(House of Representatives - November 19, 2013)

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[Page H7193]
From the Congressional Record Online through the Government Publishing Office []


  The SPEAKER pro tempore. The Chair recognizes the gentleman from 
Oregon (Mr. Blumenauer) for 5 minutes.
  Mr. BLUMENAUER. Mr. Speaker, in an era of violence in the Middle 
East, tragedy in Syria, and turmoil in Egypt, there is some very 
encouraging news surrounding Iran.
  The most important signal may have been the election of Hassan 
Rouhani as President of Iran who is by no means a moderate by anyone's 
stretch of the imagination except in the context of Iran. He was the 
choice of the Iranian people for change, for a different path to reduce 
the collision course with the United States and the crippling sanctions 
we have imposed. His foreign minister, Mohammad Zarif, is an able and 
experienced diplomat with strong relationships with the people who have 
dealt with him for years both in the United States and Iran.
  I am encouraged by the reports in the news and in the opinion pages 
which point out something I have long argued on the floor of this 
House: the convergence of interests between the United States and Iran.
  People forget the key role that the United States played in the 
emergence of the modern state of Iran, of the constitutional revolution 
beginning in 1905, where American influence was profoundly felt. 
Unfortunately, for the last 60 years, we have serially mismanaged our 
relationship with Iran.
  How would we have felt if a foreign power worked to overthrow our 
democratically elected government and install a dictator? That is 
exactly what the United States and Great Britain did in 1953 and how 
the Shah returned to power.
  It is amazing that the majority of Iranians still has positive 
feelings towards the United States, which they do. People forget the 
alignment of interests between the United States and Iran after 9/11 
that led them to help us deal with post-Taliban Afghanistan. In the 
capitals of some of our supposed allies in the Middle East, people were 
cheering on that tragedy. On 9/11, people in Tehran were standing in 
solidarity with Americans. This, of course, was before George Bush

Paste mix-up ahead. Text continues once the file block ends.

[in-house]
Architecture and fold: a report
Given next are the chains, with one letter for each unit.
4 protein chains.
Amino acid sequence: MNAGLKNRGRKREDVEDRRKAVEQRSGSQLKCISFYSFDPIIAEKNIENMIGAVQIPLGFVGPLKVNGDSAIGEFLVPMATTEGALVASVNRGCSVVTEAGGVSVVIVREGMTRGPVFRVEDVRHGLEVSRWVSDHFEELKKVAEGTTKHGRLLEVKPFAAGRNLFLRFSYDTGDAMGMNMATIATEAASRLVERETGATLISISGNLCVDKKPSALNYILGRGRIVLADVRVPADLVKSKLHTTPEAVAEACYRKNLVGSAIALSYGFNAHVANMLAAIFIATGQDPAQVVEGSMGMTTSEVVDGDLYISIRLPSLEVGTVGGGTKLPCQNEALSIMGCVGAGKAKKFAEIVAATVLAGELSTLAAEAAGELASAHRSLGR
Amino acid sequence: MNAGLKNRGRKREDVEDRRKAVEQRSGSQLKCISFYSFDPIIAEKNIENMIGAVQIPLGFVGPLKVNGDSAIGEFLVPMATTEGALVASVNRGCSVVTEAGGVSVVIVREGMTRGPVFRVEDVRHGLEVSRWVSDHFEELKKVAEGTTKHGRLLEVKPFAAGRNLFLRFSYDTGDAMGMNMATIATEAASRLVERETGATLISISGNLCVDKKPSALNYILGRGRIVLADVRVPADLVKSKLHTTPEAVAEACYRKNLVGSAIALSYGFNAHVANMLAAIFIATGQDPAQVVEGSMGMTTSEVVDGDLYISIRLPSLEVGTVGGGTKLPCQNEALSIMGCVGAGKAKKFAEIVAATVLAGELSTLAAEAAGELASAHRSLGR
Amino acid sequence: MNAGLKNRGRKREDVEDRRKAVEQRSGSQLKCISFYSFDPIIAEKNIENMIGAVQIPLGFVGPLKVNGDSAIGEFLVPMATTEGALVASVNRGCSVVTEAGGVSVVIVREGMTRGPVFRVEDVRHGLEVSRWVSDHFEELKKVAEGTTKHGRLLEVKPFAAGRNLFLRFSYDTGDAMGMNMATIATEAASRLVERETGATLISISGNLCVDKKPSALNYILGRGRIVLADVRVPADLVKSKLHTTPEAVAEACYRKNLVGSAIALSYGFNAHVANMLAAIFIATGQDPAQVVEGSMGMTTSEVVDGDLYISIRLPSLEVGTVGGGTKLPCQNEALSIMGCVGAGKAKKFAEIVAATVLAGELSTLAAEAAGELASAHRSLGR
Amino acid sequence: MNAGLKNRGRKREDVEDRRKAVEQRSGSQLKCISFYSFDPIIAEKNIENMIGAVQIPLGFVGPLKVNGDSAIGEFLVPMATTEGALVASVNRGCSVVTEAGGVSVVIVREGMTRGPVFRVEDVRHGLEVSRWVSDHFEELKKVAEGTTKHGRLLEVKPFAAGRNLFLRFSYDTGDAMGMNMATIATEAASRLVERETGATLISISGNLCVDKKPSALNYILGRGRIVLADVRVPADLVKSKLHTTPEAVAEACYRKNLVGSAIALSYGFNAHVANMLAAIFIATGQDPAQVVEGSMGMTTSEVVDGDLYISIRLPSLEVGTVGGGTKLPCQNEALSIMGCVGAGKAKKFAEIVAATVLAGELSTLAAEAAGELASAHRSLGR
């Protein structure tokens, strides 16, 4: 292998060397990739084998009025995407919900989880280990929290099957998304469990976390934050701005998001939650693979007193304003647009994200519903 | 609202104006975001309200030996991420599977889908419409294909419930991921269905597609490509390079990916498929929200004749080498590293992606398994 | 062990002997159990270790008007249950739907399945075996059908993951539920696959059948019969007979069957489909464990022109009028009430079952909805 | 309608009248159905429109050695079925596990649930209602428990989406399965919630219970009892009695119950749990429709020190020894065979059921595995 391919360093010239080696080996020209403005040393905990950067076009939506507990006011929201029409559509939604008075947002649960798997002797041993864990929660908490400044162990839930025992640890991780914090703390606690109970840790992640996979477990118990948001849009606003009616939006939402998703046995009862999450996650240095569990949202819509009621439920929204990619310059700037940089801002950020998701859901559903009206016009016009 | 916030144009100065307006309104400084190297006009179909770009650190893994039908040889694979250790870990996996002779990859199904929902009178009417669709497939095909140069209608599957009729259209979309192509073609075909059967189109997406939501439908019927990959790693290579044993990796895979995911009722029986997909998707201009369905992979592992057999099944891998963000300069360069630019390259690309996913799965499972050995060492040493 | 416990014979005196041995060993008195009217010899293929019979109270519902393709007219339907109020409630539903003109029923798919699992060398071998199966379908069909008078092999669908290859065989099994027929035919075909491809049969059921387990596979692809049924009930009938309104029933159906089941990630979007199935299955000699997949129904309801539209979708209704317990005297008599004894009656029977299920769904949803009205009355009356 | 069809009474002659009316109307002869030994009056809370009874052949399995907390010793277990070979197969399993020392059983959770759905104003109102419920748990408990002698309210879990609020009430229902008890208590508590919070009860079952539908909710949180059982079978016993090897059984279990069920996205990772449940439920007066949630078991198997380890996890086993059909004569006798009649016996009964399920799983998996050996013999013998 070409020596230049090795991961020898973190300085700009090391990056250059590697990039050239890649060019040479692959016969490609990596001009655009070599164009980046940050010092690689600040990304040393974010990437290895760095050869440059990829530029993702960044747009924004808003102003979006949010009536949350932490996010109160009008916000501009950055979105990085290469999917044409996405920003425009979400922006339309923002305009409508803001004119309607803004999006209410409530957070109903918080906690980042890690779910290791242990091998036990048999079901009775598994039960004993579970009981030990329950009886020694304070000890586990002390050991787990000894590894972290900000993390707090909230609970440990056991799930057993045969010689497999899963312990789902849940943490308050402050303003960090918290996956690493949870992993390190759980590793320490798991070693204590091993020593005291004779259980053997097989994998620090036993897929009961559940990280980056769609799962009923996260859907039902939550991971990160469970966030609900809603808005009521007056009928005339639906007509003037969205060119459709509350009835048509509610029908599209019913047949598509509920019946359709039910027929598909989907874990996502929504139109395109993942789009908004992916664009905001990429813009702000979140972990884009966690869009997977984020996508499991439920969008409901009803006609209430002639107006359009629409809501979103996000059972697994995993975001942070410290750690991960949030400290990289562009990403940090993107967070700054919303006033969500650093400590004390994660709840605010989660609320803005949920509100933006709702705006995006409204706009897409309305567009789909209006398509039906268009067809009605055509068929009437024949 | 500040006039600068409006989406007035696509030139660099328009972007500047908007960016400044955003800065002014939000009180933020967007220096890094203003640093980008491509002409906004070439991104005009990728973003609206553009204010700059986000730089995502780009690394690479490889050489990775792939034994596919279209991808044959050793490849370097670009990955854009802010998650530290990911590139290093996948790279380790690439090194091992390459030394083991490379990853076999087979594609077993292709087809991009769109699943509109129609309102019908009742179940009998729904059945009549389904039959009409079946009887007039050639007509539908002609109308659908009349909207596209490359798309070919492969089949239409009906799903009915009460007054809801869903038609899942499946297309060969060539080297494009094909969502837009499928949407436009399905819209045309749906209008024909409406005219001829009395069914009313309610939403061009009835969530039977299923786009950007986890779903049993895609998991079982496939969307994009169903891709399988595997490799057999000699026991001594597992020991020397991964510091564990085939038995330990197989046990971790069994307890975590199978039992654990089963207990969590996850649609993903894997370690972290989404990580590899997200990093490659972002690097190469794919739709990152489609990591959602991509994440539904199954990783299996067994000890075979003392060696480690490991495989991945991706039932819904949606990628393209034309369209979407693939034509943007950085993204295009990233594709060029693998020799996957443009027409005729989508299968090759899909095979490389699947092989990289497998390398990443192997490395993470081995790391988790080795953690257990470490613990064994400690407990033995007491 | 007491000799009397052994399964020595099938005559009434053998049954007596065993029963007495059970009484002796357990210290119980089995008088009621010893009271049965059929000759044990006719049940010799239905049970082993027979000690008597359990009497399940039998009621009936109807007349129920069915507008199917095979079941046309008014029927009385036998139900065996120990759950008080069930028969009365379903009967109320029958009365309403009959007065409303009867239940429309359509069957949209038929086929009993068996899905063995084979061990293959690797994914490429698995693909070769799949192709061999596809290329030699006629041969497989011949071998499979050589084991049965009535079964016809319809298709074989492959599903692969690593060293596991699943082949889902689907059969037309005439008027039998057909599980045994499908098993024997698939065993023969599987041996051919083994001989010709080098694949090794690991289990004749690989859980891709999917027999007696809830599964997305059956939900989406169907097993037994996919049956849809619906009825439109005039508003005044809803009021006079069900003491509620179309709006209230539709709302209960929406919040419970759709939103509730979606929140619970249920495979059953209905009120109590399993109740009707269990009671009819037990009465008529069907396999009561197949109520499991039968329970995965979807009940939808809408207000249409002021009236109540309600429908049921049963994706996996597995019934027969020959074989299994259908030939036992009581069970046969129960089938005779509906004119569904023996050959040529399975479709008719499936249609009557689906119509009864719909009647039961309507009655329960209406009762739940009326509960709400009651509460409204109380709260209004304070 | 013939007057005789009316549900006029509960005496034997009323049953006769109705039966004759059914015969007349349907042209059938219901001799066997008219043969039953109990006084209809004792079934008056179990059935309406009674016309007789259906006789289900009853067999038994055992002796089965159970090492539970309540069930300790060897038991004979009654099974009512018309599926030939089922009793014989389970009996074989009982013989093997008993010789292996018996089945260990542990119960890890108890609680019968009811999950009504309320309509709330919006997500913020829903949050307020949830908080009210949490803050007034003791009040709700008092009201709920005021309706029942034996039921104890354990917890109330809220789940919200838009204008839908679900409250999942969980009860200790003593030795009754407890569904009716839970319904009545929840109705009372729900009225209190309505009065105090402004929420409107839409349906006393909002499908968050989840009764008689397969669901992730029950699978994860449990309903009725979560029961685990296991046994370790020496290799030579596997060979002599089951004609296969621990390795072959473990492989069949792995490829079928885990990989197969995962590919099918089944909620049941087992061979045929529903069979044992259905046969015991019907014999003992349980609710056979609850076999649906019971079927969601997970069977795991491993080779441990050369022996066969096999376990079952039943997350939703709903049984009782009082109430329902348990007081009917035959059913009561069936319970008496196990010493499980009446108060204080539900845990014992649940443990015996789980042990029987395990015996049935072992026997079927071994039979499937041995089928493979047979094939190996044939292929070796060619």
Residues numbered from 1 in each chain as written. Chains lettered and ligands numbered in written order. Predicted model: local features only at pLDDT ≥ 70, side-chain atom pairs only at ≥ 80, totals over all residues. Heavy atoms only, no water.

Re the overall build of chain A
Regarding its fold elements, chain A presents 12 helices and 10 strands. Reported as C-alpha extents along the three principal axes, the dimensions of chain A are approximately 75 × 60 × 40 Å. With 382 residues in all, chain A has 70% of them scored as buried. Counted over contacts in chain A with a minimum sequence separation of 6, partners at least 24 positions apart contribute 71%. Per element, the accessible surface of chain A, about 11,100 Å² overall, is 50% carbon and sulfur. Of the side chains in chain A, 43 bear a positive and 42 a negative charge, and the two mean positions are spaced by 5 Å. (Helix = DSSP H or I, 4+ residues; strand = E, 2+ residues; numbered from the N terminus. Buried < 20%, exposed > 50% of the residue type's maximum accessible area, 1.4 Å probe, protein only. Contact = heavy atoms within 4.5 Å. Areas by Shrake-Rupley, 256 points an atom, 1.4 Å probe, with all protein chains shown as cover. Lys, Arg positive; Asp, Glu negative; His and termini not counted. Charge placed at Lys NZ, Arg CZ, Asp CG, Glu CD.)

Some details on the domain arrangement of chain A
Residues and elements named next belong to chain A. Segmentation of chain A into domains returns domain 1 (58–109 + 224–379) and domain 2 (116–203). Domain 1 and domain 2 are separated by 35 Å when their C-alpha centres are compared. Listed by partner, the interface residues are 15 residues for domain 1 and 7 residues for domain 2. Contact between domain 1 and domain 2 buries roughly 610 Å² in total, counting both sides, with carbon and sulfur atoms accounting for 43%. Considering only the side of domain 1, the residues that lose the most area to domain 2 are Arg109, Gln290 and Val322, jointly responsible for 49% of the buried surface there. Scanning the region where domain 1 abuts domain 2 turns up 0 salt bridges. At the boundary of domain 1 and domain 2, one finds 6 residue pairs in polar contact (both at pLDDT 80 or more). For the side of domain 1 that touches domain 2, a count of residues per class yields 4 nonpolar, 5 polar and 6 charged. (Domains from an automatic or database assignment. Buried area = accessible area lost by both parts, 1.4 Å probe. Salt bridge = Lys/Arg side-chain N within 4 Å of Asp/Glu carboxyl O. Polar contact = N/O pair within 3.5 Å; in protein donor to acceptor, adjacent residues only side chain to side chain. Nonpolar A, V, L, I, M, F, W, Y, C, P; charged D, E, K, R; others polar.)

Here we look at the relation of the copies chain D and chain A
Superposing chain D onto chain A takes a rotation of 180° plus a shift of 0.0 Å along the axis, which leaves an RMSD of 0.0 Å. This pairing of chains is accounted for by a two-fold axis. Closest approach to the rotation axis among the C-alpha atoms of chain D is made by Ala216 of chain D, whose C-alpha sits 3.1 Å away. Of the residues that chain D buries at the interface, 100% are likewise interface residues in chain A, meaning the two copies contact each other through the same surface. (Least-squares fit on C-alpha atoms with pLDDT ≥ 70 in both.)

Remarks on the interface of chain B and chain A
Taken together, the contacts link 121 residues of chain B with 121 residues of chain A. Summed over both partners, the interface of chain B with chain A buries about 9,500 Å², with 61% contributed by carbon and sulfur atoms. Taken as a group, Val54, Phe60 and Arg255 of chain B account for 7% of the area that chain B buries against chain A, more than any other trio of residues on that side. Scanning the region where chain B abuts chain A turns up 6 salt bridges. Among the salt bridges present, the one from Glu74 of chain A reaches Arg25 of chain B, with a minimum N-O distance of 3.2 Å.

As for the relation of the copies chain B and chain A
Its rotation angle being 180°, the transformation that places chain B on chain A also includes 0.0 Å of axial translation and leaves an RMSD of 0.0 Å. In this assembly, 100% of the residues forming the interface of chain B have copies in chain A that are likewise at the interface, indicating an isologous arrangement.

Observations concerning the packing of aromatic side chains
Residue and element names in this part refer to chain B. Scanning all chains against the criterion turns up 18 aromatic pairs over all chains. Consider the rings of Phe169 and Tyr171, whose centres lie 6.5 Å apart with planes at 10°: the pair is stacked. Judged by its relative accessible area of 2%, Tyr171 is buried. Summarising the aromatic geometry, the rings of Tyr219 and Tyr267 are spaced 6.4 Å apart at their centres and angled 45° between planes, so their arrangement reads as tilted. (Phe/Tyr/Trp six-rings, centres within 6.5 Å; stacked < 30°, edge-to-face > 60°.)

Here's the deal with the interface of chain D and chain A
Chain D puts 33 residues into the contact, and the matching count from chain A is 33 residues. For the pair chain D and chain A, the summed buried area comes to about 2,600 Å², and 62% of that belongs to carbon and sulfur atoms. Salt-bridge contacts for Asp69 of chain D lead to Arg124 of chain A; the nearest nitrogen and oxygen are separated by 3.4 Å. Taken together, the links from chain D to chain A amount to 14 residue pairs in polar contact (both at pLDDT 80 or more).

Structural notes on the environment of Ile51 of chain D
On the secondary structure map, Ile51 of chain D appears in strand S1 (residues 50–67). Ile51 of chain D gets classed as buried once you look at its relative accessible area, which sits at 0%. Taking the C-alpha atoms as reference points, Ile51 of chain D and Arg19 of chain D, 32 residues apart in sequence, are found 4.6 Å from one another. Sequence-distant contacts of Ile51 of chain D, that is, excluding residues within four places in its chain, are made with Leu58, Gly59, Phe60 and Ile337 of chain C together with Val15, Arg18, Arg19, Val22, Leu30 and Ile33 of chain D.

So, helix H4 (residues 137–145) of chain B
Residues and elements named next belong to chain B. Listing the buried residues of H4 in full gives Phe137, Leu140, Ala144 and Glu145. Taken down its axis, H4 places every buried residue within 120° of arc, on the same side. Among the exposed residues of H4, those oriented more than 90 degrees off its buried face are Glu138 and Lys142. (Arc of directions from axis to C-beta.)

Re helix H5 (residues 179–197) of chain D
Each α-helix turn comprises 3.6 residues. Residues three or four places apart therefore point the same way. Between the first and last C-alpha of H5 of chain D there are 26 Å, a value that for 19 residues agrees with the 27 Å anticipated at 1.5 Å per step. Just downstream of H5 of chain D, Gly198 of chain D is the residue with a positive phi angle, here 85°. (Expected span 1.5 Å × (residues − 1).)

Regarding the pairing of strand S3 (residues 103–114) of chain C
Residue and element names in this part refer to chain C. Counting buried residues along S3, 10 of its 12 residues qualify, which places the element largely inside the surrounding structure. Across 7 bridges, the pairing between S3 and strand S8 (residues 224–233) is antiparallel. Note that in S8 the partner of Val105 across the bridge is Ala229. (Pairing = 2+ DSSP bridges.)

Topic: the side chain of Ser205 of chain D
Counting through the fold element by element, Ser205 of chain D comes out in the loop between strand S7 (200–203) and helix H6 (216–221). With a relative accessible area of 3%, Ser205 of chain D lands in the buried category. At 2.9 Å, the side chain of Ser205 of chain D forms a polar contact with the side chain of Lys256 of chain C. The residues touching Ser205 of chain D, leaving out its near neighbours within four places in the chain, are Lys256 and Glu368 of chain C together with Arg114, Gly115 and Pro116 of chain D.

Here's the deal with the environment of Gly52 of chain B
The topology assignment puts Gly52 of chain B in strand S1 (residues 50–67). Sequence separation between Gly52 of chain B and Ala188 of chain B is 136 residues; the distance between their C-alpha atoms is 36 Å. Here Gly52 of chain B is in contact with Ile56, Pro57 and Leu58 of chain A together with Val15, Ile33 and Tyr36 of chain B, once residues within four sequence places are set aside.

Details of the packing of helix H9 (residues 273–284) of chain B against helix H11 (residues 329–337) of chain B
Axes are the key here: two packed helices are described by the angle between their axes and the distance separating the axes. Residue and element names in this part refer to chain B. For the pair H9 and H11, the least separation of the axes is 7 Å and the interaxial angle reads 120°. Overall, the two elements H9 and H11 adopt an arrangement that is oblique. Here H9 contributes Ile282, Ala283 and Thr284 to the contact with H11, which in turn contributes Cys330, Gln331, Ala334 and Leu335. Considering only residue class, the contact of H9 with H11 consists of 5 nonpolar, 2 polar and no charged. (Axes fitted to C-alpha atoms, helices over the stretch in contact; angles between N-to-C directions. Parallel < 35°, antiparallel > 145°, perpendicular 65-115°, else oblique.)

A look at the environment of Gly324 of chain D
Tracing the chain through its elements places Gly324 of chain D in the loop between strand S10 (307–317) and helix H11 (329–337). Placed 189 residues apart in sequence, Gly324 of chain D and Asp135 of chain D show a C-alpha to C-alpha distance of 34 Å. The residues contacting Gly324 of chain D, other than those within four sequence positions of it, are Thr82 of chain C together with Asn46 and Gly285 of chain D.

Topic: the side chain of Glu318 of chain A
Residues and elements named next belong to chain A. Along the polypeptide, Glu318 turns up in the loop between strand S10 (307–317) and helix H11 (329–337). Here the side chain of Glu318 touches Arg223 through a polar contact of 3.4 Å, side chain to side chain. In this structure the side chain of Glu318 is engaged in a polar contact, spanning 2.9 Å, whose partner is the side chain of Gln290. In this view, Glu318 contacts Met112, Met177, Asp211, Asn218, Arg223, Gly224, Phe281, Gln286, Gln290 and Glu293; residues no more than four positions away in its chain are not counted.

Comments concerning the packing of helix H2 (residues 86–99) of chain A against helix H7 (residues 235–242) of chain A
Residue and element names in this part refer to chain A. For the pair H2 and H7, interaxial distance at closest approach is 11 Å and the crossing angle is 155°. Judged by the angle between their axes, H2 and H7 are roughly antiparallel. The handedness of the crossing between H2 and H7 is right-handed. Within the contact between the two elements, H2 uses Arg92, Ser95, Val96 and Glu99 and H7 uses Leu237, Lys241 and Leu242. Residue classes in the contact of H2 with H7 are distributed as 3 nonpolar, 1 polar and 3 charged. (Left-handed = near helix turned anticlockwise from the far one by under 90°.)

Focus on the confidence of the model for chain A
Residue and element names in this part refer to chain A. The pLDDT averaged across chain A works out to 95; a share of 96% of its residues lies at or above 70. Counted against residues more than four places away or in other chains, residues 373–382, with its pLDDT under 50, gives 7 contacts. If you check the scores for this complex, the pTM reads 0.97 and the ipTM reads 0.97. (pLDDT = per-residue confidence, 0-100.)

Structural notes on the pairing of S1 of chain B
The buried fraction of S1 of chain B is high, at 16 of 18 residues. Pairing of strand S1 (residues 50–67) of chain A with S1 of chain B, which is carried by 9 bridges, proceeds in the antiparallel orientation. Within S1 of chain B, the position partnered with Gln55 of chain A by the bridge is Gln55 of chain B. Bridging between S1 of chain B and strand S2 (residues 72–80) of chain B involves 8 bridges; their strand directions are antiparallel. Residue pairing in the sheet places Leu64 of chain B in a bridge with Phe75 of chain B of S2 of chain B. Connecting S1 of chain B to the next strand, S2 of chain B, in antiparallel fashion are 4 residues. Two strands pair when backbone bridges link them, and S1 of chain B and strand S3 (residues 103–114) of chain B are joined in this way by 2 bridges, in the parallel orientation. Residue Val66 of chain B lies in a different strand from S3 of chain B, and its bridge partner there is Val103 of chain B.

recklessly included them in his infamous ``axis of evil'' 
pronouncement. The Iranian people are distinct from the Arabs and are 
proud of their Persian heritage, stretching back thousands of years.
  Iran is an important part of any ultimate solution in stabilizing 
Iraq and in resolving the Syrian conflict. Yes, they have advanced 
nuclear development, and we rightly should be deeply concerned with 
their pursuit of nuclear weapons. That is why one of the Obama 
administration's greatest foreign policy triumphs has been to marshal 
support of the world for this stringent, comprehensive regime of 
sanctions. It has made a huge difference--driving down the value of 
their currency, depleting their foreign reserves, and creating extreme 
inflationary pressures on their economy.
  Now is the time to see if a solution can be developed. It is 
decidedly not the time to ratchet up sanctions even further. Nothing 
would undercut the more moderate forces in Iran, and more pressure 
could be very counterproductive because we are at risk of sanctions 
fatigue by our partners. Other countries that do not share our same 
policy positions and deep hostility towards the Iranians have gone 
along with sanctions. To expect that countries like China, India, and 
Russia are going to follow us with even more extreme sanctions and turn 
their backs on the progress is questionable at best. At worst, it would 
end up losing support for the sanctions regime we have now, would 
strengthen the hand of the hard-liners who do hate America, and would 
set back long-term prospects for peace, not just for Iran, but for 
Syria, Iraq, and throughout the Middle East.
  Most experts I have encountered feel Iran could have built a nuclear 
bomb years ago, but they didn't. Recently, they have slowed the pace of 
their nuclear activities and have been open to proposals unthinkable a 
year ago. The rush to undercut the process is shortsighted, 
counterproductive, and it risks accelerating the development of Iranian 
nuclear weapons.
  Now is the time to accelerate diplomacy, not to walk away. It is 
decidedly not the time for the United States Congress to throw a monkey 
wrench in the diplomatic procedures and to ratchet up sanctions. We can 
always reimpose sanctions, but may not be able to recreate this 
diplomatic opportunity.